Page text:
Mike is enjoying his after birthday messages when the power goes out. His neighbor from the unit behind, taps on his back door.
“You lost power too? How about the ladies?”
“They’re fine. Anyone else in the complex without power?”
“I dunno, you’re the first one I’ve asked. Did you call it in?”
“Yeah. They’ll get on it. . . .”
“As long as the freezer doesn’t thaw, we’re good.”
“Hell, if it’s off too long, put it all on the back porch and it’ll keep. Lock it in the cabinet so the animals don’t get at it, and it’ll be fine.”
“Not a bad idea. See you later, bro. I’m going to bed.”
It sounded like a good idea to me too. I kind of wished that Simone was there, but I knew I was gonna have to ride this one out by myself. Me and my pal Dick were gonna be lonely. I pulled my battery operated socks out of the drawer and fired them up. My electric blanket is useless at this point, of course, but I had extra quilts in case I got cold. I snuggled up with a hot water bottle and fell asleep. The lights coming on woke me up about midnight. The weather outside was less windy, but the snow was still coming down. I made another cup of hot tea and drank it in front of the TV. Not like there was much on, but I was thrilled there was something to do. I checked my Facebook page and my picture had been posted on a couple dozen websites by then. One of them said, “Who is this man and where does he live? Cause he’s smokin’ hot and sexy!”
I had to reply to that one. “Thanks, baby. I’m nowhere and everywhere. Love ya, Big Mike.”
All it would take was one smart assed friend of mine to cough up my location. However, since most of these women did not live locally, I figured I was okay. I had over 600 more new friend requests, so I spent a little while accepting those before crawling back in bed.
My alarm went off at the normal time, but I could see just from looking out the window, that there was no school today. The snow was piled up to my windowsills and heaped over the porches. It had stopped snowing, so I got my blower and went to work on the sidewalks and driveways of the folks in the complex. After that, I checked on Molly and Jesse. They were fine, their power had stayed on all night.
“Maybe I should give Chester a call and have them postpone their trip,” I said to Molly.
“The weather service assures us that the snow will be clear by Friday.”
“That’s cutting it fine. I’m a little worried.”
“If it gets that bad, they’ll close the roads and stop traffic coming in. You don’t need to worry about them getting stuck outside town.”
“No, Molly, I’m worried about them getting stuck here! I can handle Ma in small doses, like over the phone and all, but I’m not prepared to have her living here—maybe stuck at my place! That I could not handle well.”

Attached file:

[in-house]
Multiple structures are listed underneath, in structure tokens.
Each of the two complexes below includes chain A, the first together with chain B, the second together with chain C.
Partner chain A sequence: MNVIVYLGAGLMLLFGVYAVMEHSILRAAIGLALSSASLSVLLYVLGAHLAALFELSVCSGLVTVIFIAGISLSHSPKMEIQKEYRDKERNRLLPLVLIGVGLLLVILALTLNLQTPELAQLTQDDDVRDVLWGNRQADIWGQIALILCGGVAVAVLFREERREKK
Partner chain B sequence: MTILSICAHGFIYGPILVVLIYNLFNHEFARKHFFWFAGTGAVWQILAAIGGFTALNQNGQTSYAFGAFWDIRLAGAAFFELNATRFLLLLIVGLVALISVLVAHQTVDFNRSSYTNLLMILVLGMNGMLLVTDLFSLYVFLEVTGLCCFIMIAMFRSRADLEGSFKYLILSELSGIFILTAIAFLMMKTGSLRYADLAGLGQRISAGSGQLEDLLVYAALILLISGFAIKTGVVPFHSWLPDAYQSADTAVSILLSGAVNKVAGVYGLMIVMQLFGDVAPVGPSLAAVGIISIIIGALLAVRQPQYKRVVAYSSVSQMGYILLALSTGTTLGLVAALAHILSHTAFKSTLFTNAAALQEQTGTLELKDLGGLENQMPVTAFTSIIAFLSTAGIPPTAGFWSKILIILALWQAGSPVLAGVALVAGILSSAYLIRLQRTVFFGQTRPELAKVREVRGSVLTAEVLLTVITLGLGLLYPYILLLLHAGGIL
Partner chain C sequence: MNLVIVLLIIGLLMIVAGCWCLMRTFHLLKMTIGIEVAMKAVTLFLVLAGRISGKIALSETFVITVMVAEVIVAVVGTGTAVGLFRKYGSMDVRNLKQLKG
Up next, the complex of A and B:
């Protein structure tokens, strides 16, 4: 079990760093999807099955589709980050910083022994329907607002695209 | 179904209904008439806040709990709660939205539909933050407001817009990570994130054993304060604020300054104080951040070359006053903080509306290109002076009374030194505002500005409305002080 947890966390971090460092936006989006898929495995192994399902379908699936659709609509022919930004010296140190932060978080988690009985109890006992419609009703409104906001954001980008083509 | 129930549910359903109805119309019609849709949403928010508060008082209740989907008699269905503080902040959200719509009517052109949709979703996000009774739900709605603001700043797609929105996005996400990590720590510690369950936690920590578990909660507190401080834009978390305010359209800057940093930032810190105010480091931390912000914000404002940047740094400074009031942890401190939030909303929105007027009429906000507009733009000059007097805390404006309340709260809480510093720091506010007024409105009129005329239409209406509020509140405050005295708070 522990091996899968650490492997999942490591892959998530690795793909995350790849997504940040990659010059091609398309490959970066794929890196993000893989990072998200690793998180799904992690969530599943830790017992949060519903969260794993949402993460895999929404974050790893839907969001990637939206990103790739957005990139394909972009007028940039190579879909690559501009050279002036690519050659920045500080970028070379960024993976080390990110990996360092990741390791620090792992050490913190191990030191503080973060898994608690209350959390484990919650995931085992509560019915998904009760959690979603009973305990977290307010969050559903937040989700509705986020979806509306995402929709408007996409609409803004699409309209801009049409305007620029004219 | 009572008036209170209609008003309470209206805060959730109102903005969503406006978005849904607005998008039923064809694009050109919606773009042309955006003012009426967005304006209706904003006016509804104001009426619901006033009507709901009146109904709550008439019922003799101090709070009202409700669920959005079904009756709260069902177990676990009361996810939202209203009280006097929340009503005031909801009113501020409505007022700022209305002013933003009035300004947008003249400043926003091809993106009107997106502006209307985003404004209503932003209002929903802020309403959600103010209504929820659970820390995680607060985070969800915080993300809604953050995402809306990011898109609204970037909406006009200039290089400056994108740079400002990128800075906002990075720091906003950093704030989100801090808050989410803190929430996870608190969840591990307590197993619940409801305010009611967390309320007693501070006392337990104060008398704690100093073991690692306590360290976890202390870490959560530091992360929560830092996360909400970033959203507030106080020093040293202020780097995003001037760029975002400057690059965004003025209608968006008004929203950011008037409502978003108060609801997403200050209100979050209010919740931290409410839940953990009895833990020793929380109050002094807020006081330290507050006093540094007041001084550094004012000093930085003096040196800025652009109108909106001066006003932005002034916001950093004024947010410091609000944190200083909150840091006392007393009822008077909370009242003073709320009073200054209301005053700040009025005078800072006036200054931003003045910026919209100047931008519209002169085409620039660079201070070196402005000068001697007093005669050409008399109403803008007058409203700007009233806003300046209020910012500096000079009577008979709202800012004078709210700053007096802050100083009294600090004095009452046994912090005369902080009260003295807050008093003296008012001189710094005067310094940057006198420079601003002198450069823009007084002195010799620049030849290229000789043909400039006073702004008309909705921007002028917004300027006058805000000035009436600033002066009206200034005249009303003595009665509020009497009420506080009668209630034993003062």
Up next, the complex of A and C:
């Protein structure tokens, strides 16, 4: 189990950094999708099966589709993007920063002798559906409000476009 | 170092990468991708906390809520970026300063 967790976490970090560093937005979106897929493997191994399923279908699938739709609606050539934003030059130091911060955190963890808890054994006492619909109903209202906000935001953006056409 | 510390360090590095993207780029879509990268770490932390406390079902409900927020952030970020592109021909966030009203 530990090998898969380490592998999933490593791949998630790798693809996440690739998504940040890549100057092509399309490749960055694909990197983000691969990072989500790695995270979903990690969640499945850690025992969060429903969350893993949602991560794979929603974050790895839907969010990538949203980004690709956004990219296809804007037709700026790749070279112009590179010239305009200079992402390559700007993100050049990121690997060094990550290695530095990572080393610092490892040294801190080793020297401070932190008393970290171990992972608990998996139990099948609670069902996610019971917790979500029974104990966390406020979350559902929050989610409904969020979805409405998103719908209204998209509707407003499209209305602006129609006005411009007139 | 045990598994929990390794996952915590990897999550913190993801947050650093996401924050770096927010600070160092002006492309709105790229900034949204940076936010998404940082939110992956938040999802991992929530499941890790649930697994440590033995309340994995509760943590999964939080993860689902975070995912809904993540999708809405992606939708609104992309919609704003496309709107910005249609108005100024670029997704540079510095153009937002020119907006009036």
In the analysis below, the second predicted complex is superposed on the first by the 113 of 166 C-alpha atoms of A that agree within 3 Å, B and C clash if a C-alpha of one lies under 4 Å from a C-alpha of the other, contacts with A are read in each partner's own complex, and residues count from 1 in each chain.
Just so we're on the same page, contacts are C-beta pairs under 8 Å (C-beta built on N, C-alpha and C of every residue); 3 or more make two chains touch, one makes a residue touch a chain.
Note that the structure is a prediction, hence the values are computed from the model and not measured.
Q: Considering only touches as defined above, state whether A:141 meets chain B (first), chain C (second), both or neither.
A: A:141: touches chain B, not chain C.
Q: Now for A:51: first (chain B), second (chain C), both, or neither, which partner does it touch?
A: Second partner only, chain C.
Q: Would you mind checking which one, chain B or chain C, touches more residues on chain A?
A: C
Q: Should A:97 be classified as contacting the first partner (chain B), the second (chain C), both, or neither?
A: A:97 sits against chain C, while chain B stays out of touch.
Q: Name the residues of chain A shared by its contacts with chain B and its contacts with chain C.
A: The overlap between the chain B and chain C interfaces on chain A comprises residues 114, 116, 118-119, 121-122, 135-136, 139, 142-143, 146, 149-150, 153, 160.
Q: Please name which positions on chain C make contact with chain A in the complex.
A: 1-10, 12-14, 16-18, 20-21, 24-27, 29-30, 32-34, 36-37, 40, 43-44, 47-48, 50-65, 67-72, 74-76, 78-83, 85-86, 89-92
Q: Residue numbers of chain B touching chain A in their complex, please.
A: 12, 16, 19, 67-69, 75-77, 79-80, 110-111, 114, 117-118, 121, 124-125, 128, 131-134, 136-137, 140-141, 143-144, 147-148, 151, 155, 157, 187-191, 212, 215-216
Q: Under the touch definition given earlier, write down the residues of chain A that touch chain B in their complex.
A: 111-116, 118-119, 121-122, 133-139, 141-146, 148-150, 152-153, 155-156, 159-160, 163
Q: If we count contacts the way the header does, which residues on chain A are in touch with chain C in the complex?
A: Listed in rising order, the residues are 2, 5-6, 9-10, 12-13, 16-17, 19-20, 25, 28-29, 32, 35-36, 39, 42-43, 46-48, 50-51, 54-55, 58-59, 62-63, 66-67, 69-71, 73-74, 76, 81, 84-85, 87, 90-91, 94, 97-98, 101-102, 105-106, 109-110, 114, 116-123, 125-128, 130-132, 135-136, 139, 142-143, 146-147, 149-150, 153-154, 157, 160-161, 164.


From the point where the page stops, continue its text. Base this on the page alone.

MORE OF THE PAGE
“I never heard a grown man so terrified of his own mama before,” Jesse contributed after my last cowardly display. “How can one woman strike such fear?”
“You haven’t met her, you don’t know. She is indescribable. I love Ma, really I do, but she has this way of getting under my skin, sniffing out anything I did wrong the last 100 years or so of my life. She can work the guilt so I’m wishing I’d become a priest, or maybe a rabbi. Or that I was Saint Michael instead of who I am. I am never the perfect son. I can’t be. As I am, I’m a constant source of disappointment to my mother. Live with that twenty-seven years and see how it makes you feel.”
“And your baby brother is the golden child who can do no wrong?” This from Jesse.
“Yeah.” I nodded, shuddering slightly. She patted my hand, looking solemn.
“I’m so sorry, sweetie. Some folks just ought not have babies.”
“Now my dad. . . .” I got a warm feeling talking about him. “He was great. When he was alive, I felt like I never did a thing wrong. I could fly if he told me I could. Ma never took him seriously. He was a good man, hard working, creative. He had all kinds of crazy inventions he did in his spare time. We worked together on a few products that would set the world on its ear. But he died before he got any of them patented.”
“How old were you when he passed?”
“I was twelve. He didn’t even make it to my bar mitzvah. He died a few months before my big day.”
“Oh, honey.” Both women spoke in chorus, hugging me.
After a group hug, I made my excuses and left. A less chilling wind blew across the wide open spaces. I could tell a warming trend was coming. Already I could see places where the snow melted. By evening, it would probably be almost gone. At least the roads would be clear enough to take a bus down. I figured I’d be working tomorrow for sure.
© Dellani Oakes 2014